The hierarchy of failure

Image: parent and child playing on a beach

I’m talking to my friend. Friend? She’s more like an acquaintance, because we don’t really hang out that much. She’s pretty hot, and I’d kind of like to have sex with her, and I think she kind of knows that, because she flatters me in this strange way where I wonder if she’s trying to manipulate me. I don’t think sex is going to happen, though, and that’s fine.

There was a time when I was more keen to have sex with her, back when my sexual desire made me less able to see more fundamental incompatibilities. Although, over the course of my life, I have managed to get into long relationships in spite of retrospectively obvious differences, so who knows what might have been possible. In any case, I took her on a date one time, but that’s as far as it got.

That was about twenty years ago, and at the time, she was clearly pursuing a very different type of guy than me. She wanted someone richer, more career driven, the kind of business suit wearing guy that you had no questions about whether or not they could buy a house in the next few years. Definitely not me.

This wasn’t just a theoretical list of qualities in an ideal mate that I was projecting onto her. She told me one time back then, in a conversation that for some reason I clearly remember happening on a street corner in Omotesando where we must have randomly bumped into each other, that she had made a list of specific objectives for her life. She wanted to achieve certain career goals within period of time, get married and have kids within a specific age range, and she had a list of characteristics that she wanted in a potential partner.

She was very driven, the type who reads books about how to self actualize and achieve in life and that sort of thing. Even though I disagreed with the strategy of writing a concrete timeline for one’s life to the degree that it precludes a certain amount of unanticipated opportunity, I respected her overall proactivity in making something happen for herself. She wasn’t just receiving life, she was engaging it, directing it, trying to make the most of it.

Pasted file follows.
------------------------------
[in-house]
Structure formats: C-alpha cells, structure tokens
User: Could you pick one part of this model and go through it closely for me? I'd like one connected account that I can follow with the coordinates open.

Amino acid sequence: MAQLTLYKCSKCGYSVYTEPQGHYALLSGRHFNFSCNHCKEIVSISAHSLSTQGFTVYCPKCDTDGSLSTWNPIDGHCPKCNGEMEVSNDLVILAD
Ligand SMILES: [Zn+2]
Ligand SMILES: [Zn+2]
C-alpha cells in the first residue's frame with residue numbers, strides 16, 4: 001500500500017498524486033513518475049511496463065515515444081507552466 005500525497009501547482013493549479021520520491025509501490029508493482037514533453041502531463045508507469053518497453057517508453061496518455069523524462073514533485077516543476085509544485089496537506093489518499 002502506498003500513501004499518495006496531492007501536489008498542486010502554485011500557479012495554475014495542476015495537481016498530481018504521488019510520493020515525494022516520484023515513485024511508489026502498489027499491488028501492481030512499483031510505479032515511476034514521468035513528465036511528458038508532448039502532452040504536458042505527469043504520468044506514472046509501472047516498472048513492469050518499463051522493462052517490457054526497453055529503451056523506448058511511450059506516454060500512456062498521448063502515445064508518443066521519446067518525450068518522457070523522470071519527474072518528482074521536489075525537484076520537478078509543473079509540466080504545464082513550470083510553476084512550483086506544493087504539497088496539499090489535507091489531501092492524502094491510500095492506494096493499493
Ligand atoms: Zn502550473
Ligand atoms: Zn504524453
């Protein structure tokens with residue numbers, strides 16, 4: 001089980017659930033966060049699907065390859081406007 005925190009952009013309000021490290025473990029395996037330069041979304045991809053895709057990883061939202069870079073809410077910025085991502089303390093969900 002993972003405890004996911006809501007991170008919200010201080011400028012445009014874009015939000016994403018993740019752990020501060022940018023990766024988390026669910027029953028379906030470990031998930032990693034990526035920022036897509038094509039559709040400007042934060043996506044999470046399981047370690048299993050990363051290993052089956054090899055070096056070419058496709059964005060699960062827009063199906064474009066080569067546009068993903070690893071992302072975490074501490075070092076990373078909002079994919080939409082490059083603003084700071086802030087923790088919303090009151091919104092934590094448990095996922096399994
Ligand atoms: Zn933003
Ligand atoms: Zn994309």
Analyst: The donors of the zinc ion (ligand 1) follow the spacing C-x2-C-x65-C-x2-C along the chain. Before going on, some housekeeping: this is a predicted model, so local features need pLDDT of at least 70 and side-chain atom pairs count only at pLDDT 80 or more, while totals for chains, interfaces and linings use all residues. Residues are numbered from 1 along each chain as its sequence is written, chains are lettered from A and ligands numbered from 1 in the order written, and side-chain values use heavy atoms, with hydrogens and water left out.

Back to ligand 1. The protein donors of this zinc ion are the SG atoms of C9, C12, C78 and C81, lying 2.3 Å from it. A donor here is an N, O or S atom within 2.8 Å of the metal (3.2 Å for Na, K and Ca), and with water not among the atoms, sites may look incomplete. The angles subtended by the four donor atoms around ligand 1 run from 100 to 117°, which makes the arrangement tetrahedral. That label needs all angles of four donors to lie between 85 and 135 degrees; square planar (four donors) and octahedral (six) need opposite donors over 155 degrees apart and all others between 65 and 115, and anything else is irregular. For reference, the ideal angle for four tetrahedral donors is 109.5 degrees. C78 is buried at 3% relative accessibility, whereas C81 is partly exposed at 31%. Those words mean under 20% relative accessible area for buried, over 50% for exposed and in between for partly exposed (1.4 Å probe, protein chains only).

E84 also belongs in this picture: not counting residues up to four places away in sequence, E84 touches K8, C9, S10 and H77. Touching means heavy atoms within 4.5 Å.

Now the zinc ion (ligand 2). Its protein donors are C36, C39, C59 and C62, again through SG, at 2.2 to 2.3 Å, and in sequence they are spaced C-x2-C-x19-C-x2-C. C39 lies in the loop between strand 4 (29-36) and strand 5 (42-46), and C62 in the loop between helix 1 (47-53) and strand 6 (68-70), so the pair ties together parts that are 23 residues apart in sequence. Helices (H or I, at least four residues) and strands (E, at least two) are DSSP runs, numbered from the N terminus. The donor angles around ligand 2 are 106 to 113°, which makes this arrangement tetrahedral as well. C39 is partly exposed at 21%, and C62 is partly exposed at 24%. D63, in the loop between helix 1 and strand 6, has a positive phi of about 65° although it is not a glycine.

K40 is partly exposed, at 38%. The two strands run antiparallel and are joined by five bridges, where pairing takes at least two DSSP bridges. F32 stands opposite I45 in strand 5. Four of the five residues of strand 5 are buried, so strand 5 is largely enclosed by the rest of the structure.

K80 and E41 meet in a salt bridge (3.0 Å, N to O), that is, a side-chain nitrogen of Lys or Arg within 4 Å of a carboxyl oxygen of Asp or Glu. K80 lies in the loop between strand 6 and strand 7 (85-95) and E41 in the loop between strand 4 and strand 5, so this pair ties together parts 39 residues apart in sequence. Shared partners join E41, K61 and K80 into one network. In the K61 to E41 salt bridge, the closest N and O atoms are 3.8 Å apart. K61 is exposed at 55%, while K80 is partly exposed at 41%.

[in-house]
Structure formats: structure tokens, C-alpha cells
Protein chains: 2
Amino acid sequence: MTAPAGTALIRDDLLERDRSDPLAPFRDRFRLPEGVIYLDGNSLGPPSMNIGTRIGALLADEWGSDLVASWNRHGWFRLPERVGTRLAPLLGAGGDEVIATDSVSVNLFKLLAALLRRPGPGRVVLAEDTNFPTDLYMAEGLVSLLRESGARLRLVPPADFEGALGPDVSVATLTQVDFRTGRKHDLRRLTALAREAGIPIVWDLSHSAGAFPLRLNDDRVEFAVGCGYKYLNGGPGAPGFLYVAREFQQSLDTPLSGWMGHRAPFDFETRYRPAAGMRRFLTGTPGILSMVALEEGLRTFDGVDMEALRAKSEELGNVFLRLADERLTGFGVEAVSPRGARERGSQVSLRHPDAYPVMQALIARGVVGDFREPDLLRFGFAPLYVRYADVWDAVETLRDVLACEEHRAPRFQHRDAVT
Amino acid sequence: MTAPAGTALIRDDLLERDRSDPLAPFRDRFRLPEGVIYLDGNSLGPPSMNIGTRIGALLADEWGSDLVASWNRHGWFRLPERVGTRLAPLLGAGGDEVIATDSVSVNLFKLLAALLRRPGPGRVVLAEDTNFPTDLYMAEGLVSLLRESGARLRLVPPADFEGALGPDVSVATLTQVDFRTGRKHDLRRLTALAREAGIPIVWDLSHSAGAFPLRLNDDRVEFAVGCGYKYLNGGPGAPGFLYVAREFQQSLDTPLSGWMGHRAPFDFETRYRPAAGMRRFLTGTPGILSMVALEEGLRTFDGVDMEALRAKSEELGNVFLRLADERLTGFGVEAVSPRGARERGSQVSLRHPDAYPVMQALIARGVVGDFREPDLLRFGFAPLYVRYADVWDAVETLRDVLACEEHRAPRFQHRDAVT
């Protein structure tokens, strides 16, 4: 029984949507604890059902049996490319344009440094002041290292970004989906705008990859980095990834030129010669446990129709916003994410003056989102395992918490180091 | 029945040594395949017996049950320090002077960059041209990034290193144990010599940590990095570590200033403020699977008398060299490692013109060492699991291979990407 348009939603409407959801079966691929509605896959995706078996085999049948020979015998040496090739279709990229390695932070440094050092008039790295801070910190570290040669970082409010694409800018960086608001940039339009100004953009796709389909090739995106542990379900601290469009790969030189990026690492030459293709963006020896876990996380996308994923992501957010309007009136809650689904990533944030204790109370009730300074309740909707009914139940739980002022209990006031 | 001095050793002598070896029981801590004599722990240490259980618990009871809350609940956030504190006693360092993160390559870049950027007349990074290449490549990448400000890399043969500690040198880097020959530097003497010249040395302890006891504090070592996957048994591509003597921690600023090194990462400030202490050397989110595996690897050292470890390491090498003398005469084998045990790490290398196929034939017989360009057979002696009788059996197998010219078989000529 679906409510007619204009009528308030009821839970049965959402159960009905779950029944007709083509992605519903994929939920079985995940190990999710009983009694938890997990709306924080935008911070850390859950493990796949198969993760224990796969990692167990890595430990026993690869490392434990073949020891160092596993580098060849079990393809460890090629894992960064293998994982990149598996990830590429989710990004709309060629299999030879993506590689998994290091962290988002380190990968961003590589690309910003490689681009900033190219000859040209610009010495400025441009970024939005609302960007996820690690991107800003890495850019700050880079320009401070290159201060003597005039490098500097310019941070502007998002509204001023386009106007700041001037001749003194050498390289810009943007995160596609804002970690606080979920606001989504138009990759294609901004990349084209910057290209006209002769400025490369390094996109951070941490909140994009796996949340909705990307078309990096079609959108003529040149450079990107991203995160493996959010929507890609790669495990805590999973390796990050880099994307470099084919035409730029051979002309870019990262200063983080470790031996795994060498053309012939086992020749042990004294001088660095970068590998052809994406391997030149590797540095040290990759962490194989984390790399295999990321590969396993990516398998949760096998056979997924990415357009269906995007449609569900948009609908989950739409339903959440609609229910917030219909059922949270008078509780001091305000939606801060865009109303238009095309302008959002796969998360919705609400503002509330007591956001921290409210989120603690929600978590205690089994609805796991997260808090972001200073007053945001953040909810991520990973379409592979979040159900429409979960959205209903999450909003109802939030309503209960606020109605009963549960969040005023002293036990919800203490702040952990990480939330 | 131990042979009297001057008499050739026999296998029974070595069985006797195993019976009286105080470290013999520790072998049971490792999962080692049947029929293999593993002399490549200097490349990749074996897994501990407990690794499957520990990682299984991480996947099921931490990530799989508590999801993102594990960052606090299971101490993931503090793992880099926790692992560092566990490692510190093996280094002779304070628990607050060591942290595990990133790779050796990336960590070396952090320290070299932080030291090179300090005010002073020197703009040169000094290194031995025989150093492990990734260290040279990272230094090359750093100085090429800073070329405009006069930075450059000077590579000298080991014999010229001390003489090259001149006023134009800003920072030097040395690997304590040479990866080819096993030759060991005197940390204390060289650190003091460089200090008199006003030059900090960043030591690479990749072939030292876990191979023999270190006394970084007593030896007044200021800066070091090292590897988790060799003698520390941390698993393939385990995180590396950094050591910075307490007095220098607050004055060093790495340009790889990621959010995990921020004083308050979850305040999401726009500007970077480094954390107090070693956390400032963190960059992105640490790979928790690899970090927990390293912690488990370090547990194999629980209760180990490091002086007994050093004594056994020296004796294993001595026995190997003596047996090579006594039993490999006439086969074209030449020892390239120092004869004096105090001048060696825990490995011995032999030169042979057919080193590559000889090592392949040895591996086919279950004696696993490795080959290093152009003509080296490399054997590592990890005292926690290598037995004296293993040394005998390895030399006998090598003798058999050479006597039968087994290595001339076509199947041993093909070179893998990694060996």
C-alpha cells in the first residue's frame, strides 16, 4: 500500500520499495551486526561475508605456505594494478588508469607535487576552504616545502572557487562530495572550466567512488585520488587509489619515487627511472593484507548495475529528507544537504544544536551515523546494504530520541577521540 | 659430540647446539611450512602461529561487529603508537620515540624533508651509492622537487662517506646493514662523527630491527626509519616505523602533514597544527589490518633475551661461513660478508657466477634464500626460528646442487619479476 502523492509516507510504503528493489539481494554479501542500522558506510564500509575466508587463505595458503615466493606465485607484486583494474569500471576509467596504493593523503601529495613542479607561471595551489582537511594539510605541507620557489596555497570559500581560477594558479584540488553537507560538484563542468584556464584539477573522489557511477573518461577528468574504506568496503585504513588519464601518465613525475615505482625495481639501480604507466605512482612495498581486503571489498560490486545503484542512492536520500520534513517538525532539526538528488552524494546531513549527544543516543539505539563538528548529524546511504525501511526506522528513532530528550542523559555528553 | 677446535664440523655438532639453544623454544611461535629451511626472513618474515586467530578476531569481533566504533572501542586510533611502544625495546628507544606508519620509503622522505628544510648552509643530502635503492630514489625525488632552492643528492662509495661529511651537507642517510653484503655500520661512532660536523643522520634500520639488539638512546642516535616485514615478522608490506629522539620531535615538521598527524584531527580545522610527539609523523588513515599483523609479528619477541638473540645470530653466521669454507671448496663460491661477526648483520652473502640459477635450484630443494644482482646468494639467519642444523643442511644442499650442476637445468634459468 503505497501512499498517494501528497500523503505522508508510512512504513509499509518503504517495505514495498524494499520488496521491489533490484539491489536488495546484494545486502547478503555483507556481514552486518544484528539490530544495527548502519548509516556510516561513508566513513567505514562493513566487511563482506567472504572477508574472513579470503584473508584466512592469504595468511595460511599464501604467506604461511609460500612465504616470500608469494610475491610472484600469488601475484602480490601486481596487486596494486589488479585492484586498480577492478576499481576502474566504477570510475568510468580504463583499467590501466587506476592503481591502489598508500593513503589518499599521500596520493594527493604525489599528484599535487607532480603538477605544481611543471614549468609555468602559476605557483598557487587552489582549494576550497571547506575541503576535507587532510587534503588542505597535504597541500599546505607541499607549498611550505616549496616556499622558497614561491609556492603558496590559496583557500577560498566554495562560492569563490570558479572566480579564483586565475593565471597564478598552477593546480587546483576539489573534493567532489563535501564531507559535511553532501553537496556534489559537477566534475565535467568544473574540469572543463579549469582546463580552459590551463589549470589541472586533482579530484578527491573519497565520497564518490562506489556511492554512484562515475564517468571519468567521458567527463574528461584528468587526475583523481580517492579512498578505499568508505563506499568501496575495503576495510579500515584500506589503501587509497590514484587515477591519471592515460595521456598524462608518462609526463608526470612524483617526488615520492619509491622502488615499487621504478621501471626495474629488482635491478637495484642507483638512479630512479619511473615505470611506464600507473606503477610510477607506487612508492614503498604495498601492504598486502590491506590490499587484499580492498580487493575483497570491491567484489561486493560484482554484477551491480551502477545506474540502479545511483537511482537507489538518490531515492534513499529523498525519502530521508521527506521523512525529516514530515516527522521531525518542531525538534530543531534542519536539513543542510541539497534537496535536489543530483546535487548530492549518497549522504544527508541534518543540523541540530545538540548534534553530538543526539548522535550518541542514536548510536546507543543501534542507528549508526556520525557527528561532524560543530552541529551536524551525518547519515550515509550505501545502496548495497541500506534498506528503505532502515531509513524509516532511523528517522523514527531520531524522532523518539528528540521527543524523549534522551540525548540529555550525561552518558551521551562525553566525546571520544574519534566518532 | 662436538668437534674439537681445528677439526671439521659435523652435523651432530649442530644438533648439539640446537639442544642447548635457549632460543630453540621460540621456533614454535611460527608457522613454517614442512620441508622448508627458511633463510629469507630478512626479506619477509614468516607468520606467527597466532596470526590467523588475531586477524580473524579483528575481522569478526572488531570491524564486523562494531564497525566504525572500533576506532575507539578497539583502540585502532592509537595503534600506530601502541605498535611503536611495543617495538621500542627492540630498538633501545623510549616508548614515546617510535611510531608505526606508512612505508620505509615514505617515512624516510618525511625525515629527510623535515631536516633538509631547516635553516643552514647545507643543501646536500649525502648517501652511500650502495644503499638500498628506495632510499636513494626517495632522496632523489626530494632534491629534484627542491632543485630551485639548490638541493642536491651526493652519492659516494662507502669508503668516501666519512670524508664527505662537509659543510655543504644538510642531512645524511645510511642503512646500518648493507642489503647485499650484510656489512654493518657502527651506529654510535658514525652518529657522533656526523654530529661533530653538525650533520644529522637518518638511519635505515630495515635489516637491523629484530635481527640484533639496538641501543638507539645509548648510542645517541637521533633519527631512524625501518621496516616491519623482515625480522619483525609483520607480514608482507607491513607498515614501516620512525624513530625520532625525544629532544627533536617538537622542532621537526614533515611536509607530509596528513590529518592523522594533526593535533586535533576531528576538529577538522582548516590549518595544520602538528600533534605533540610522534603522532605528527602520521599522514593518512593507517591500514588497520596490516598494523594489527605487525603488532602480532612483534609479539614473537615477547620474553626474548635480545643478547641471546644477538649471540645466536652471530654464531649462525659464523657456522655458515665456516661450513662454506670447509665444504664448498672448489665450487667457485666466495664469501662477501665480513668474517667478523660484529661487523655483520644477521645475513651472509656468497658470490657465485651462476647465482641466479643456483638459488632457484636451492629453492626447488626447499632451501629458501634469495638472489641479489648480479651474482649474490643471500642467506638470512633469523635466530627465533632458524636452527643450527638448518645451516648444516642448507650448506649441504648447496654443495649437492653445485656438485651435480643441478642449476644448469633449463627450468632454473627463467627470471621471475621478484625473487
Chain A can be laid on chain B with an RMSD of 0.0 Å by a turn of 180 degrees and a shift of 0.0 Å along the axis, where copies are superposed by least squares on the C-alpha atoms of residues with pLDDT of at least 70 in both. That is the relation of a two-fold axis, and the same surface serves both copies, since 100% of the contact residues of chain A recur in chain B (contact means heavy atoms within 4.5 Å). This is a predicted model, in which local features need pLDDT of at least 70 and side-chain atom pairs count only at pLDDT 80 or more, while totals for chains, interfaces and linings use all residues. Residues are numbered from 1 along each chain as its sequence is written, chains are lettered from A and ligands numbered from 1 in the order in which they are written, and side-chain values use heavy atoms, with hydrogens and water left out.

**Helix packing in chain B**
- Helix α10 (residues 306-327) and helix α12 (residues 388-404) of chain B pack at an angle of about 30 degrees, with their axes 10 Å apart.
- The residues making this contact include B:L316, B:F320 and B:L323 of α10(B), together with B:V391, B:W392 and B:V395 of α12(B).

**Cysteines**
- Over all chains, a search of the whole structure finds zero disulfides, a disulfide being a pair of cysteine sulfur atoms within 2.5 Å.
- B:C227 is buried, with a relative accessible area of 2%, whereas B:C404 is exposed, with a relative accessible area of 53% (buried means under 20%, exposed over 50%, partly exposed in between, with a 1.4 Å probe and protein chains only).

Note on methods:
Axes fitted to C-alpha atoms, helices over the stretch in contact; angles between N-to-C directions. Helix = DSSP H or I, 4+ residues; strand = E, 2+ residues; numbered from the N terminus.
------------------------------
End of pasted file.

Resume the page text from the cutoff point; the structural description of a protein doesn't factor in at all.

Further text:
Twenty years later, I’m listening to her unload because she’s getting a divorce, certain business opportunities are going off the rails, and a lot of bottled up emotions are coming out. I’m not a confidant of hers or anything. We’ve barely kept in touch over the years, leading very different lives, merely intersecting now and again. Sometimes we’ll get in touch if we know of a work opportunity the other might be interested in. It just so happened that we met recently up to talk about a small job, but the conversation almost immediately switched from that business to her need to vent.

She says that the biggest mistake of her life was marrying a checklist. She got exactly the person she wanted in terms of their success and looks and status, but there were things not on the list that maybe were just as important to their long term success as a couple. Things that are more intuitive and hard to define.

She loves her kids, but the same time, as she talks about them, I get the feeling that she also kind of hates them. It’s contradictory in the way that humans are perfectly capable of having feelings that are simultaneous and opposite. She loves them, she wants nothing but the best for them, and I have no doubt she would do everything she can to protect and support them. It’s just that, by her own description, since I’ve never even seen them, they are a lot to handle, slightly out of control or something. She describes one of them as “evil,” half as a joke. And maybe more than their particular personalities, they’re representative of the scope of how her life did not turn out as planned.

Whenever you, or maybe it’s just me, think about having kids, I like to think I’m realistic about it in that I imagine the difficulties of dealing with them. Crying all night, changing diapers, temper tantrums, all that kind of thing. If anything, I probably focus too much on the things that make raising a child work, and not enough on the joys. Even still, the concepts I have are all stereotypical and general, they don’t really encapsulate the reality of having a human in your life that you are bound to, who is an entire person. And as such, they could be any kind of person, one that might challenge you in ways you just can’t imagine until you’re in that situation.